How vulnerable are we to oil?
The great peak oil debate among resource experts has produced two camps: those who believe that global peak oil is decades away, and those who see it occurring before 2010. The optimists are largely economists and statisticians; the pessimists are almost all experienced petroleum geologists. Available data strongly support the latter group.
Annual world oil discovery rates peaked in the early '60s at more than 40 billion barrels per year (bbl/yr), but since then have steadily declined to under 8 billion bbl/yr. By contrast, world oil demand continues to grow, due especially to accelerating industrial development in China and India. Current world oil production (demand) of 83 million bbl/day means that world inventories decrease by 30 billion bbl/year. Less than a one-fourth of this amount is replaced by new discoveries.
Can the trends outlined above be reversed by advances in oil exploration and production technology? The answer is negative for a variety of reasons. Much of the world's oil inventory resides in relatively few giant fields that represent large targets to exploration: one such giant, the East Texas field, discovered in the 1930s is in excess of 30 miles across. Despite numerous technological advances, the volume of new oil discovered keeps declining. For example, of the 130 recent oil field discoveries currently undergoing development, few are slated to produce more than 200,000 bbl/day, and none more than 250,000 bbl/day.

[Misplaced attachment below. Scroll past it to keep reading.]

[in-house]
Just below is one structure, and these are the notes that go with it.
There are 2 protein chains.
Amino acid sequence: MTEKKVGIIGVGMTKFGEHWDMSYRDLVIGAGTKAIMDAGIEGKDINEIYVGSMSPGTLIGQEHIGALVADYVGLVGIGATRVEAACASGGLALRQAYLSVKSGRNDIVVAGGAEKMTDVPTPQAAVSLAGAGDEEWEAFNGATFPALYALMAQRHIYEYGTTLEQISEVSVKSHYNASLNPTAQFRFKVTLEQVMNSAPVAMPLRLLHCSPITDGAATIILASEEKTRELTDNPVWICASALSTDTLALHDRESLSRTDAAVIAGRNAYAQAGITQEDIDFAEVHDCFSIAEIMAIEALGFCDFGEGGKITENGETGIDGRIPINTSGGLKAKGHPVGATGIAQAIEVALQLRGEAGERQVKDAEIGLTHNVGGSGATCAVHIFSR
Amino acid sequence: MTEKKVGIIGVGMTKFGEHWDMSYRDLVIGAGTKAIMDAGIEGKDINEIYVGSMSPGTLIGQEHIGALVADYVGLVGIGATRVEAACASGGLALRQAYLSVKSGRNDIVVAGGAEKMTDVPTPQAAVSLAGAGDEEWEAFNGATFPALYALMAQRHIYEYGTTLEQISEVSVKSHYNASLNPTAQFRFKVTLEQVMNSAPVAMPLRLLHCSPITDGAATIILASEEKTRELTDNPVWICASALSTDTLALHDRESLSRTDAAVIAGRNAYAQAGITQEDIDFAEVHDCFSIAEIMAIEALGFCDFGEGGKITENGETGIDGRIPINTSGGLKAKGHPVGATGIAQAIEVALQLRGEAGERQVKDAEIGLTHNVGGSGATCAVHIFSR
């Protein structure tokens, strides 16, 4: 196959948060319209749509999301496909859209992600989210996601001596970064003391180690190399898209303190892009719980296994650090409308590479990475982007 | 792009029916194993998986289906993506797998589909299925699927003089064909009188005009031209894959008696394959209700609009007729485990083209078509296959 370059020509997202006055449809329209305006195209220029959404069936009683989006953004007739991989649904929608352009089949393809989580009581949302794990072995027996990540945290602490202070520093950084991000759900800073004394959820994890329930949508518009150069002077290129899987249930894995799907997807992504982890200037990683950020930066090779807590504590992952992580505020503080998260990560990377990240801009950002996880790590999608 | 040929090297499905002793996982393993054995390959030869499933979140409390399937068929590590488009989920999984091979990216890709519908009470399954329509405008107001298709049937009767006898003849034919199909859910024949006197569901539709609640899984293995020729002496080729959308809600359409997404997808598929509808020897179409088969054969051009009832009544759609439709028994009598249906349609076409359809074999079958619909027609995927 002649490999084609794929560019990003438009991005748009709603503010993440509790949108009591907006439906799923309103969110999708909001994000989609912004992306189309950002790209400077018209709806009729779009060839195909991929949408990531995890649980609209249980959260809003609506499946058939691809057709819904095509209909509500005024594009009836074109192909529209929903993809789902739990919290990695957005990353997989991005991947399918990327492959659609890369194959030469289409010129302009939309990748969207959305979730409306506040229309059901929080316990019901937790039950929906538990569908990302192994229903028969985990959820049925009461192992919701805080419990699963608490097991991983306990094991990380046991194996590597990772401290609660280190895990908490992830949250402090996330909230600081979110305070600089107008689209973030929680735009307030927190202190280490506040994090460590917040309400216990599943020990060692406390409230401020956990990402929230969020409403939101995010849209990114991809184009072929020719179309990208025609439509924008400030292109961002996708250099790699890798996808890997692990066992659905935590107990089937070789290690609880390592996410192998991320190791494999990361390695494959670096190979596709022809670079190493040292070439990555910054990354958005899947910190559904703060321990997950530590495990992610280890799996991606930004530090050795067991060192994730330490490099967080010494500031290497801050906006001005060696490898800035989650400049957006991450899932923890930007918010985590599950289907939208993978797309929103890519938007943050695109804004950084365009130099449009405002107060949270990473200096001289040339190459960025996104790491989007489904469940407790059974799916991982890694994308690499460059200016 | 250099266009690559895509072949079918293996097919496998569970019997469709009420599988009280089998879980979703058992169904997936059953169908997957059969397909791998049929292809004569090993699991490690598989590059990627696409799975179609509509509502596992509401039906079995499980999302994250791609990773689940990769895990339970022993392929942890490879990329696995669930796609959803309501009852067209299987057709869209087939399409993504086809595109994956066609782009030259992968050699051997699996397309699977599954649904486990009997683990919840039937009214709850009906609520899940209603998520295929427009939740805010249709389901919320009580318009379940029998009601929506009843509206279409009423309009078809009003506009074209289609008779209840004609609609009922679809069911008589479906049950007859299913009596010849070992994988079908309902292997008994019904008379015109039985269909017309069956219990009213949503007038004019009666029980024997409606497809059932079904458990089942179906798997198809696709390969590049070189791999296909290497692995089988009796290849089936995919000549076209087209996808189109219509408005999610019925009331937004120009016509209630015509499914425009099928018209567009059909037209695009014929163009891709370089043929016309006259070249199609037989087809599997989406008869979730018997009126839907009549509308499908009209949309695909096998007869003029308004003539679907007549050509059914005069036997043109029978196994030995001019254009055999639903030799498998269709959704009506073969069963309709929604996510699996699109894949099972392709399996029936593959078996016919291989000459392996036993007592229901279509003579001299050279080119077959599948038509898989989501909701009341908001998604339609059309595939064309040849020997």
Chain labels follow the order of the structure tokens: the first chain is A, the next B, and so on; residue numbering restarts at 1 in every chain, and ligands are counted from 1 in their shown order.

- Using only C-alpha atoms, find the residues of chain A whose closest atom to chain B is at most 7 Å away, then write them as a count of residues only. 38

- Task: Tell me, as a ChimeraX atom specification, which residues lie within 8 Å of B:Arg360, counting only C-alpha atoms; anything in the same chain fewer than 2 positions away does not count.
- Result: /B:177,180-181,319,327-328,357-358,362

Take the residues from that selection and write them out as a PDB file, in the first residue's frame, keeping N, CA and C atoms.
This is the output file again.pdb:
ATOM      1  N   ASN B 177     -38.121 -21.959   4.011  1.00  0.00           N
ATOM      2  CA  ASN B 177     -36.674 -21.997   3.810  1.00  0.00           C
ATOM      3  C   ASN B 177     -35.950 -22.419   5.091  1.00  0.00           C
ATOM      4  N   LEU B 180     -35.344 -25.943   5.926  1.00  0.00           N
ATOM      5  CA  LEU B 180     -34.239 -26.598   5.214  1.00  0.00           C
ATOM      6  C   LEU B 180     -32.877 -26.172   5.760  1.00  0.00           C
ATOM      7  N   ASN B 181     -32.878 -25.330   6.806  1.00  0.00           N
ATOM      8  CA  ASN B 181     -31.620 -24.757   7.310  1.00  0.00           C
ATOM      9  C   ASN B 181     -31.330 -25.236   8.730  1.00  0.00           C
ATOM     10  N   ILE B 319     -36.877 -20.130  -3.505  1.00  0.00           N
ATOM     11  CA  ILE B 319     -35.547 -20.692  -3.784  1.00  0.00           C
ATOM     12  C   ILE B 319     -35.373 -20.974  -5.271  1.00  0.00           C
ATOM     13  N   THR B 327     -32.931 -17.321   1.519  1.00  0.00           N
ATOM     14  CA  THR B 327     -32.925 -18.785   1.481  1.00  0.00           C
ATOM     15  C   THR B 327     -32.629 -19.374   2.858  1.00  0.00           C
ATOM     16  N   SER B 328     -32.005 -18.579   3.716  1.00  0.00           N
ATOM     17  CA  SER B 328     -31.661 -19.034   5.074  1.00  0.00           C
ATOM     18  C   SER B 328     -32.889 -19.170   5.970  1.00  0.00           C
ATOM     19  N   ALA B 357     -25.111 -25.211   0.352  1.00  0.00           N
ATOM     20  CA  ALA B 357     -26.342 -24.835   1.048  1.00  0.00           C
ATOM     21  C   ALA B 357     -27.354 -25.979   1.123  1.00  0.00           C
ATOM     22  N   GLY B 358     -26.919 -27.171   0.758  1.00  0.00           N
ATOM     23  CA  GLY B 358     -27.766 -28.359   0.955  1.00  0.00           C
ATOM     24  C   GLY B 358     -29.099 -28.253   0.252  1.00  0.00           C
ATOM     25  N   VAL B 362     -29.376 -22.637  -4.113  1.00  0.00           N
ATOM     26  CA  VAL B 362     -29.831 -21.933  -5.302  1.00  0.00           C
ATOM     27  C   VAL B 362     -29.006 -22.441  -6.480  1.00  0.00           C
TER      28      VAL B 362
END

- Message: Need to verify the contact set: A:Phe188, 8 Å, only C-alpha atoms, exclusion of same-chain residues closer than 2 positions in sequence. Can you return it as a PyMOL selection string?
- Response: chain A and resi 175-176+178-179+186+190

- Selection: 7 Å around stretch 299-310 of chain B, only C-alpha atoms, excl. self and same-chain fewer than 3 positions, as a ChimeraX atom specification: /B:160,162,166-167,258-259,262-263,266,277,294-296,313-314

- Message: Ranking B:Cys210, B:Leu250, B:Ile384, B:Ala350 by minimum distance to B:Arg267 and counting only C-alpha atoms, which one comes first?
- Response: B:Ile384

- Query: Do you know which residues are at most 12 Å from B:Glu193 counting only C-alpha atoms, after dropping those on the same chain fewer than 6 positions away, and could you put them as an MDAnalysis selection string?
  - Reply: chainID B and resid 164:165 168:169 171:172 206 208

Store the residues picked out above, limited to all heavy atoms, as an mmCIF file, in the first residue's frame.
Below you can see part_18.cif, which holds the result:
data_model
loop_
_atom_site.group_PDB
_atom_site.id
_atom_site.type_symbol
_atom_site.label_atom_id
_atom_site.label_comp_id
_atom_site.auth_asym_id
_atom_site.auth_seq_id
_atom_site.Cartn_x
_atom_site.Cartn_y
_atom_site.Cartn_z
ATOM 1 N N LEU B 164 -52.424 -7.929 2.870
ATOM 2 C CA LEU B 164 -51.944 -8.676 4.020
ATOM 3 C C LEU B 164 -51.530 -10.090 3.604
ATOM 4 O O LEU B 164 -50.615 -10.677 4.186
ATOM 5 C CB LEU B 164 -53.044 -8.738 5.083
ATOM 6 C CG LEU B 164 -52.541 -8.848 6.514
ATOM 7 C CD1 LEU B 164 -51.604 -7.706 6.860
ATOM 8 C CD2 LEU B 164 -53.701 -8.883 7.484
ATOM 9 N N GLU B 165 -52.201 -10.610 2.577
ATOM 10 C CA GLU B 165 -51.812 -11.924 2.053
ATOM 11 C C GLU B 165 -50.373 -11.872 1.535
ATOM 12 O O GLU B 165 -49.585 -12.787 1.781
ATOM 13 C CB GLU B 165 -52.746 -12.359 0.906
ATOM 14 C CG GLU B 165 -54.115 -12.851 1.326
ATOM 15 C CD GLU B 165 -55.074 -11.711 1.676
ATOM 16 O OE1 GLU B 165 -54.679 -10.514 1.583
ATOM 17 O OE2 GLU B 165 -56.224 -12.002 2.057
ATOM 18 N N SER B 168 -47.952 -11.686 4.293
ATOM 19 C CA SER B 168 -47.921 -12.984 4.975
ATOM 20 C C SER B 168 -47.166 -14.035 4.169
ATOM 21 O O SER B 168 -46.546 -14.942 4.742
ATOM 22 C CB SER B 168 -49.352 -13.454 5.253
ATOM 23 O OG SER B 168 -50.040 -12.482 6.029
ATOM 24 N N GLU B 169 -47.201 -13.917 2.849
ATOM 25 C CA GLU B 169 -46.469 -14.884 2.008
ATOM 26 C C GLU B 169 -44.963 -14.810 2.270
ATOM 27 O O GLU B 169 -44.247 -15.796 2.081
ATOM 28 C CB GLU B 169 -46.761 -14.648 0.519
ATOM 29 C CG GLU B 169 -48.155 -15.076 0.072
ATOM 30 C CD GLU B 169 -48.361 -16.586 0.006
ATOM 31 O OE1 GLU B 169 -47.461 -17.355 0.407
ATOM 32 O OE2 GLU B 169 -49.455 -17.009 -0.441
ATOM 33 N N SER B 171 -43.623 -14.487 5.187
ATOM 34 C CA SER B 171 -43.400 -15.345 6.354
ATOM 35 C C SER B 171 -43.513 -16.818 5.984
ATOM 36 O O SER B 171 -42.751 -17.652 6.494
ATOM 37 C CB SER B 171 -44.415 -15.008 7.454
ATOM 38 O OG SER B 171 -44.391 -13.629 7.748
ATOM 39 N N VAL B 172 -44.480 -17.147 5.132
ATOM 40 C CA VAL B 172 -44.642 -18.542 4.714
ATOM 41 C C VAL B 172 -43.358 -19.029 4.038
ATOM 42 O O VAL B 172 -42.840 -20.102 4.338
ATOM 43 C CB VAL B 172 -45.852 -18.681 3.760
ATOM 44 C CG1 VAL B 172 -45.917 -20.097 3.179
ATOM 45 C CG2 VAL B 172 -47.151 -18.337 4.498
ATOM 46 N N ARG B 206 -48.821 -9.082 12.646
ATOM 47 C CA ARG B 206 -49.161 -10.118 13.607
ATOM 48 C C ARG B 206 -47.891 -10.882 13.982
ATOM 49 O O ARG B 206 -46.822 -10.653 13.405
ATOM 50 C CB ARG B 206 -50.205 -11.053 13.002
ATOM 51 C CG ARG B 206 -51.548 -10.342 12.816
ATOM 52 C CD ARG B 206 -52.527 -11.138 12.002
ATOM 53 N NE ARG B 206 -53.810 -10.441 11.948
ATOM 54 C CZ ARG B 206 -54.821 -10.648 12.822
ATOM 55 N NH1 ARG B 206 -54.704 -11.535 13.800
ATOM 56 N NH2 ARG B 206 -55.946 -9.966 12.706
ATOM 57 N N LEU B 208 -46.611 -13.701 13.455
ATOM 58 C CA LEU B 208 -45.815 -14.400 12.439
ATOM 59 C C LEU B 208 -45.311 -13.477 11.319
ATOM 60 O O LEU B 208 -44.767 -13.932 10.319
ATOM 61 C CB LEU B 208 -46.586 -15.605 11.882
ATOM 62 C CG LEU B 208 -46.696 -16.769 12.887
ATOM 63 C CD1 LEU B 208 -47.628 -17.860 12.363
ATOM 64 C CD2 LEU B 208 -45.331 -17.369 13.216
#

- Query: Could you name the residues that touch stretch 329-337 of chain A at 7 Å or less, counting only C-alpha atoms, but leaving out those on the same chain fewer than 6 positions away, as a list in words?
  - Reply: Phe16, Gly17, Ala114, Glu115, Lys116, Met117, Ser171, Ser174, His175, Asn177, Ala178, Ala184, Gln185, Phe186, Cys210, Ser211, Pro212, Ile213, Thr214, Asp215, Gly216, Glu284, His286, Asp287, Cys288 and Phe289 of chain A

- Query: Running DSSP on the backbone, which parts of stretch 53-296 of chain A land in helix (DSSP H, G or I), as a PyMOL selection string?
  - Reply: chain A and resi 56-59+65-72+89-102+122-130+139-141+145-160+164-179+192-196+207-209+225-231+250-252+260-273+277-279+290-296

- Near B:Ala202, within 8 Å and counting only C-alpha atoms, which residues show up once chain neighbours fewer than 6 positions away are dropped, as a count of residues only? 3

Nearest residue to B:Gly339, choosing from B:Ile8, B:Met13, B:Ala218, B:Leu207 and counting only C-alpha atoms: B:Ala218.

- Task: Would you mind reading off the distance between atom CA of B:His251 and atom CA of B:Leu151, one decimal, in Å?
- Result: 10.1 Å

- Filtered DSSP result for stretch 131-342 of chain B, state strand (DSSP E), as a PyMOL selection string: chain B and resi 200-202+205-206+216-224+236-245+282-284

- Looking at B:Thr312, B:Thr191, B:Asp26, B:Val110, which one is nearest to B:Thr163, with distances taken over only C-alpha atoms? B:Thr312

The implications of this world oil scenario for America are grave, given that we account for 25 percent (>20 million bbl/d) of world oil consumption. Our attraction to heavy-powered vehicles, combined with long average commutes and the inadequate public transit systems of most cities, results in our strong and highly inelastic appetite for oil. Due to the depletion of domestic reserves we now import more than two-thirds of our current needs, at a cost of well over $100 billion per year.
Furthermore, we are increasingly dependent on oil from the countries surrounding the Persian Gulf, where the bulk of the world's oil reserves reside. Many of these nations are politically unstable and tend to be anti-American. One thing seems certain: World oil production will peak in the near future, initiating a wide gap between supply and demand, and this will in turn set the stage for price escalation and probable supply interruptions. Except for the Strategic Petroleum Reserve, few visible moves by either government or corporate entities have been made to anticipate such eventualities.